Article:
In a previous post on the nature of saving faith, I have expounded a bit on the element of cognitio which is basic to the concept of saving faith. In this post, I would continue with Witsius' second element of saving faith: Assentia, which has been alluded to already in the previous post.
XI. To this knowledge must be joined assent, which is the second act of faith, whereby a person receives and acknowledges as truths those things which he knows, receiving the testimony of God, and thus setting to his seal, that God is true, John iii. 33. This assent is principally founded on the infallible veracity of God, who testifies of himself and of his Son, 1 John v. 9, 10. On which testimony revealed in scripture, and shedding forth all around the rays of its divinity, the believers relies with no less safety than if he had been actually present at the revelation of these things. For when the soul, enlightened by the Spirit, discerns those divine truths, and in them a certain excellent theoprepy, or beauty worthy of God, and a most wise and inseparable connection of the whole, it cannot but assent to a truth that forces itself upon him with so many arguments, and as securely admit what it thus knows, for certain, as if it had seen it with its own eyes, or handled it with its own hands, or had been taken up into the third heavens, and heard it immediately from God's own mouth. Whatever the lust of the flesh may murmur, whatever vain sophists may quibble and object, though perhaps the soul may not be able to answer or solve all objections, yet it persists in the acknowledgment of this truth, which it saw too clearly, and heard too certainly, as it were from the mouth of God, ... . And this faith is accompanied with ύποστασις, substance, and βεγχος [sic] evidence, Heb. xi. 1. and πληροφορια, full persuasion or assurance, Rom. iv. 21. (III.7.11. Vol. 1, pp. 377-378. Emphases original)
Assent according to Witsius consists in "receiving the testimony of God, and thus setting to his seal, that God is true". Not only is there knowledge of what is true (cognitio), but such knowledge must be taken to be sealed in the person who knows that truth based upon the "infallible veracity of God", not mere human reasoning. In other words, saving "assent" does not function in the same manner as the "assent" which functions according to the framework of humanistic rationalism — that "assent" which only accepts whatever is true based upon what seems "rational" to fallible human presuppositions. Rather, saving "assent" functions out of the axiom of God and of His Word, and receives Christianity as true because that is its epistemic foundation. (ie. Christianity is not be argued for, but argued from).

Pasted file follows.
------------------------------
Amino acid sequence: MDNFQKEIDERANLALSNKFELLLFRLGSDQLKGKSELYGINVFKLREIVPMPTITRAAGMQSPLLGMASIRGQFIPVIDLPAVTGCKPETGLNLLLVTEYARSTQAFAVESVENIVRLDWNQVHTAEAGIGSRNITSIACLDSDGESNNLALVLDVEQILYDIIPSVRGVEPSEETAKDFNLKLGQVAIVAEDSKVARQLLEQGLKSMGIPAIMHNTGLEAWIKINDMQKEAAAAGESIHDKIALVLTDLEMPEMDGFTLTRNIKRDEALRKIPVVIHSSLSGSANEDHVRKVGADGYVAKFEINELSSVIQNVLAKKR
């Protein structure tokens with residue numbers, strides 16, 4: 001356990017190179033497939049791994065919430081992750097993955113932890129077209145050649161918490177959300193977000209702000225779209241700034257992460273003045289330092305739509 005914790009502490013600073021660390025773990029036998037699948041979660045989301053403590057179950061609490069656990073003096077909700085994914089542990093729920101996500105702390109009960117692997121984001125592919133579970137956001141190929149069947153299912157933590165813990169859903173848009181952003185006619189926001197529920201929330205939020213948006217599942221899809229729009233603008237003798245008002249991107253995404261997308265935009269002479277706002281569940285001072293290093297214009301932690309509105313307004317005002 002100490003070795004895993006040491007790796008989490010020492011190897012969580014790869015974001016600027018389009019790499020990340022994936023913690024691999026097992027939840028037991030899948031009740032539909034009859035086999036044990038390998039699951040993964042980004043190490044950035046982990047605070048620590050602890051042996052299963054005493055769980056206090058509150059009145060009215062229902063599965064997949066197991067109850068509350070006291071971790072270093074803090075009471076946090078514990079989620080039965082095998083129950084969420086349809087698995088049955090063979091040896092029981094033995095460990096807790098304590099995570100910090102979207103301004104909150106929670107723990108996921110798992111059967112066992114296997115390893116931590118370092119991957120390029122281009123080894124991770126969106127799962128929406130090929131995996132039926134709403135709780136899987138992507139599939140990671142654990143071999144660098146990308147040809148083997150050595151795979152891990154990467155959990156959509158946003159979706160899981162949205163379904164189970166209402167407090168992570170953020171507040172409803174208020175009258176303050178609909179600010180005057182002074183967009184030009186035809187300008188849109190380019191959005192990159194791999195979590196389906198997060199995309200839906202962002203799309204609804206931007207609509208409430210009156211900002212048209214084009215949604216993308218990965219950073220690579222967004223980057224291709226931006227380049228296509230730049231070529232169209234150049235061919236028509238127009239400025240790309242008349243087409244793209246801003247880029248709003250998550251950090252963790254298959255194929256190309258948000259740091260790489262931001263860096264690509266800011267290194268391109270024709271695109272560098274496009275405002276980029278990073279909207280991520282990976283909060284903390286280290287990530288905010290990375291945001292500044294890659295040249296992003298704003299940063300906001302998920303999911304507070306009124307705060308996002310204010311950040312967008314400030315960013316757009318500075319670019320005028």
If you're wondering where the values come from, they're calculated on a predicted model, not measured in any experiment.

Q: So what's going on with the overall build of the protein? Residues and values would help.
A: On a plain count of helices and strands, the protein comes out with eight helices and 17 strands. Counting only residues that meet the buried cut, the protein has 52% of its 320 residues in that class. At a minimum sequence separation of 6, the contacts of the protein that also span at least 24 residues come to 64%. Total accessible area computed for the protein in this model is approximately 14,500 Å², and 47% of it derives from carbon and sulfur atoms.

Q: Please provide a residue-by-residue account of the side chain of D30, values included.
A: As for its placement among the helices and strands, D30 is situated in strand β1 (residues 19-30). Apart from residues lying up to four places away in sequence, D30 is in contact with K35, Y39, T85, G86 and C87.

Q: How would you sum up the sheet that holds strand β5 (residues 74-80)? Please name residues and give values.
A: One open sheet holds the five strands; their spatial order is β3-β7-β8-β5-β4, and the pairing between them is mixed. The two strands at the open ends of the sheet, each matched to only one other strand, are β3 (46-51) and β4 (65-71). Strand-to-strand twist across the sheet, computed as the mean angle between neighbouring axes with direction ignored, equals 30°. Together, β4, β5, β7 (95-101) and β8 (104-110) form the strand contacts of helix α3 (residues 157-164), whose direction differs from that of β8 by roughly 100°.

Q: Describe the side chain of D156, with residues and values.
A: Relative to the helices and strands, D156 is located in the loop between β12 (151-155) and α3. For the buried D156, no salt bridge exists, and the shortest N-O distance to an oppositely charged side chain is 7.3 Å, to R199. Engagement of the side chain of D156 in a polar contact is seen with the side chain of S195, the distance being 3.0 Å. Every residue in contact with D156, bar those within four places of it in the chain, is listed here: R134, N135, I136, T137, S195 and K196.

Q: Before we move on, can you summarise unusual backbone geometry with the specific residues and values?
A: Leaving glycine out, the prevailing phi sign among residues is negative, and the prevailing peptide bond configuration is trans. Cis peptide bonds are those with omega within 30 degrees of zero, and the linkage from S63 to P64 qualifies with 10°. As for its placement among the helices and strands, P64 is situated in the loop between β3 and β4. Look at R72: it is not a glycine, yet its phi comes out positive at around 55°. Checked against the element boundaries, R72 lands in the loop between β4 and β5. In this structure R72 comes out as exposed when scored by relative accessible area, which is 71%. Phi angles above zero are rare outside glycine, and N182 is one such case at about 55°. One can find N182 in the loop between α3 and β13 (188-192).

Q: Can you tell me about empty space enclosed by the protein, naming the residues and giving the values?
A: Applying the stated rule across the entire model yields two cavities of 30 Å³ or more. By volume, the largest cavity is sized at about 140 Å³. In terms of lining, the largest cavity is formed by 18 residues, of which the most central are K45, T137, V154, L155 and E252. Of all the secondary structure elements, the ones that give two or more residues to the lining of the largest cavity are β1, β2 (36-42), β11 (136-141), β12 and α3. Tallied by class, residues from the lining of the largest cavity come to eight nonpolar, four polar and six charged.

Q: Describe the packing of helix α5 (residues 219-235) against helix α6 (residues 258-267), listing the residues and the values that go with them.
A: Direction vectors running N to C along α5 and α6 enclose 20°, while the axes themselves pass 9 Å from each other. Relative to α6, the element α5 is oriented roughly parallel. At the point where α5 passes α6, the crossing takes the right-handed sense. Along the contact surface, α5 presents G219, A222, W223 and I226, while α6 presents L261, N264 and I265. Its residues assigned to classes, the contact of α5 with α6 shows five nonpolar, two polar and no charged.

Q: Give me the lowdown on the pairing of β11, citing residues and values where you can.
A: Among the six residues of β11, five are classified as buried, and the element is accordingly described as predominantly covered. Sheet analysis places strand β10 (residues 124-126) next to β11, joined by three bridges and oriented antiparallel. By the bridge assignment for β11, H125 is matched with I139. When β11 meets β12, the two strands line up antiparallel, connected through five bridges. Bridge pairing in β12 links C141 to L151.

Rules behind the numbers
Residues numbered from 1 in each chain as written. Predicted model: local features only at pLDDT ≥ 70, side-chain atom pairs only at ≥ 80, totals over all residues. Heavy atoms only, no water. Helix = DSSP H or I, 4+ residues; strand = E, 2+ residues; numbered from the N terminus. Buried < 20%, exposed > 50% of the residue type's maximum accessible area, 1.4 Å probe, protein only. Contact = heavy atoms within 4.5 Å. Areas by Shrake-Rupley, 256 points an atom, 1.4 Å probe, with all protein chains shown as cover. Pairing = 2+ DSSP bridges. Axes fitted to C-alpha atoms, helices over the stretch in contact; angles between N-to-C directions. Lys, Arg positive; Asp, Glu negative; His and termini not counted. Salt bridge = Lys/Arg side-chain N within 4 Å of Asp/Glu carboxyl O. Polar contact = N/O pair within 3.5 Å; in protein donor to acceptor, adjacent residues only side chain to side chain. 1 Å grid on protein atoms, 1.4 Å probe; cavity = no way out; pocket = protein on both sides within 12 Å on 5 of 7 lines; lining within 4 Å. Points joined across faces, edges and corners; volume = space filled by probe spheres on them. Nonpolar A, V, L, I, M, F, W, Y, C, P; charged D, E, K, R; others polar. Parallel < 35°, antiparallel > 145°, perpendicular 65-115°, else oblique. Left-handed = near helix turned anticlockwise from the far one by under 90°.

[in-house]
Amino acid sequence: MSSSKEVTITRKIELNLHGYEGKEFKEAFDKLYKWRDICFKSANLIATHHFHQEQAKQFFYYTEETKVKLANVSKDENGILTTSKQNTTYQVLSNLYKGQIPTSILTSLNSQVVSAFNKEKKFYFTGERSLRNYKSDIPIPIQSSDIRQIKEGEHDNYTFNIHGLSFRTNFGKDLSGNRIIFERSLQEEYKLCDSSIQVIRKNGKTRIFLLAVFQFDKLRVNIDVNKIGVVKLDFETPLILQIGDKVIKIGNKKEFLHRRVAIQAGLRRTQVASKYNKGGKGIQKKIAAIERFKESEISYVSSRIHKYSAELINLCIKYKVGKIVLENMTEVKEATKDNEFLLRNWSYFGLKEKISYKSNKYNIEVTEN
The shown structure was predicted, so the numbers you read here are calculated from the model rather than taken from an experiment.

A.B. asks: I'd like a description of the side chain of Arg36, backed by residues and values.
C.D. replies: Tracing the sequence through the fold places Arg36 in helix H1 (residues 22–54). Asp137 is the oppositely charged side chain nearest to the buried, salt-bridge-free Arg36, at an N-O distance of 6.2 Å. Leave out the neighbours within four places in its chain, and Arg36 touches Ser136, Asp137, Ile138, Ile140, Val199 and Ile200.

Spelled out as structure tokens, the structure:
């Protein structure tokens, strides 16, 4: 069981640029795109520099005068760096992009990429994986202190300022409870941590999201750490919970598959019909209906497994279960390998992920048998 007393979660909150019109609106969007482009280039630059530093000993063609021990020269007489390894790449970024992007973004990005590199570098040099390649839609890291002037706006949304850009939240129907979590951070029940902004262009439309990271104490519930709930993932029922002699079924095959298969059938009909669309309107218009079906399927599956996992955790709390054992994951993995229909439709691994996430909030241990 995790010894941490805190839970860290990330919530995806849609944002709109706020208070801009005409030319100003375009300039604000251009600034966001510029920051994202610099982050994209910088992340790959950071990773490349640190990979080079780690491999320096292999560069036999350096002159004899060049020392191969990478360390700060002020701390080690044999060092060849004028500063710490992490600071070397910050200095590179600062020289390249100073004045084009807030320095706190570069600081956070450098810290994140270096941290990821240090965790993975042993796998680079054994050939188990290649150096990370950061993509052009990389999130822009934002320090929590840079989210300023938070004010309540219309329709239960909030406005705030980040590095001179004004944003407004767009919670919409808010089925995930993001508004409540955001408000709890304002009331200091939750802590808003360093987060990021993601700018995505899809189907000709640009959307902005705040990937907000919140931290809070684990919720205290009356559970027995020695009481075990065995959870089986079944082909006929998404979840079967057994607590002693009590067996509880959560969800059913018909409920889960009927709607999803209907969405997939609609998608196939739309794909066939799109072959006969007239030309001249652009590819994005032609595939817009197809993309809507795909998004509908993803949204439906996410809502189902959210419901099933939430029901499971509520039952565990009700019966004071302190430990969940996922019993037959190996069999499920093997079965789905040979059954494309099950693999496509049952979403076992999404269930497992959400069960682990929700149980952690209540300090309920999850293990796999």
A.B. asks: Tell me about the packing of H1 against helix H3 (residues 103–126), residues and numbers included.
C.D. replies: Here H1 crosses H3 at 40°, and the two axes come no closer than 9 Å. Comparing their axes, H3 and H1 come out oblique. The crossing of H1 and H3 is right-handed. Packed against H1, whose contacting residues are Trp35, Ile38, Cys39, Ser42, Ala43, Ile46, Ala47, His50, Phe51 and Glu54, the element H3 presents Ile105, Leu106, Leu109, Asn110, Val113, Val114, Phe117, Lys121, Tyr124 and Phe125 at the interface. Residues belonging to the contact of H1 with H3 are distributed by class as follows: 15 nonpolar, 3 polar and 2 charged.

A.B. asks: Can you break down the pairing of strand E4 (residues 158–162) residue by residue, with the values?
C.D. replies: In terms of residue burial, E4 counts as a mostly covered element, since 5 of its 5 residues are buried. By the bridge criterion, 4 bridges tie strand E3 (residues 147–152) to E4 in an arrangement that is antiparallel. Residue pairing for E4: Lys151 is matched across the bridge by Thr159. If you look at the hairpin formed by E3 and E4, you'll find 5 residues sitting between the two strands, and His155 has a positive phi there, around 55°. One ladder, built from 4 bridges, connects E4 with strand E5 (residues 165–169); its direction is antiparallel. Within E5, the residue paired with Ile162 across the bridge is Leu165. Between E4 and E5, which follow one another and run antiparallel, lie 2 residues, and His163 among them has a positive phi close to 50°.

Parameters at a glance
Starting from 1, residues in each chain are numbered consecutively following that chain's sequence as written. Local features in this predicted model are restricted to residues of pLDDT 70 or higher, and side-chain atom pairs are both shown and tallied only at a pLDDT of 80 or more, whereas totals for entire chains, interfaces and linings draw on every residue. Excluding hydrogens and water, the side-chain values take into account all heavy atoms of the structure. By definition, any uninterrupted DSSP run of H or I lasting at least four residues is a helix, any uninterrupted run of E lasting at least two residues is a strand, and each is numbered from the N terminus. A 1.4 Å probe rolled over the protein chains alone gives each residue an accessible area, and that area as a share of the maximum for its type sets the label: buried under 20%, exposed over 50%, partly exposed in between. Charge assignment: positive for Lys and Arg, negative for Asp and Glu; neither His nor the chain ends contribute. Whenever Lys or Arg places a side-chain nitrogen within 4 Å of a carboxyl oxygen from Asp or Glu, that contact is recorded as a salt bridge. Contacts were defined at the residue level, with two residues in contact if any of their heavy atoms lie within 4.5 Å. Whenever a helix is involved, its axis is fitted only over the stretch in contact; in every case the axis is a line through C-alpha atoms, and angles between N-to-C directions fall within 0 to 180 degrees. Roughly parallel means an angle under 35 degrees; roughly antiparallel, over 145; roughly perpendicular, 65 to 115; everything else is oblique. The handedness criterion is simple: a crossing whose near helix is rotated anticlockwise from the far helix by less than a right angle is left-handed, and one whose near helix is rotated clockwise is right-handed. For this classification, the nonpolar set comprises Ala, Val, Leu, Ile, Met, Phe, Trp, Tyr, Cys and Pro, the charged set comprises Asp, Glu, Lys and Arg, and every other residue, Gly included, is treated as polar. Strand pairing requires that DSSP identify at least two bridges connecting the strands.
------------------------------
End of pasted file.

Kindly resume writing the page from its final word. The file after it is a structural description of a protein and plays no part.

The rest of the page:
This assentia manifests in new believers in an interesting way, which Witsius utilizing 2 Peter 1: 16, 18 speaks of: that believers "perhaps ... may not be able to answer or solve all objections, yet it persists in the acknowledgment of this truth, which it saw too clearly, and heard too certainly, as it were from the mouth of God". Just as cognitio does not require complete knowledge of God and the Faith, neither are they required for the aspect of assentia. Ironically therefore, assentia has the dubious honor of making new believers (and believers also) seemingly stupid and foolish in the eyes of the world. Barring the few Christians scholars and theologians and philosophers, who through Spirit-given wisdom silence the unregenerate and earn their hatred, most Christians will look like anti-intellectual fools in the eyes of the world. Nevertheless, as Scripture says, "For the foolishness of God is wiser than men", it is better to be foolish on God's side, than wise on Man's side.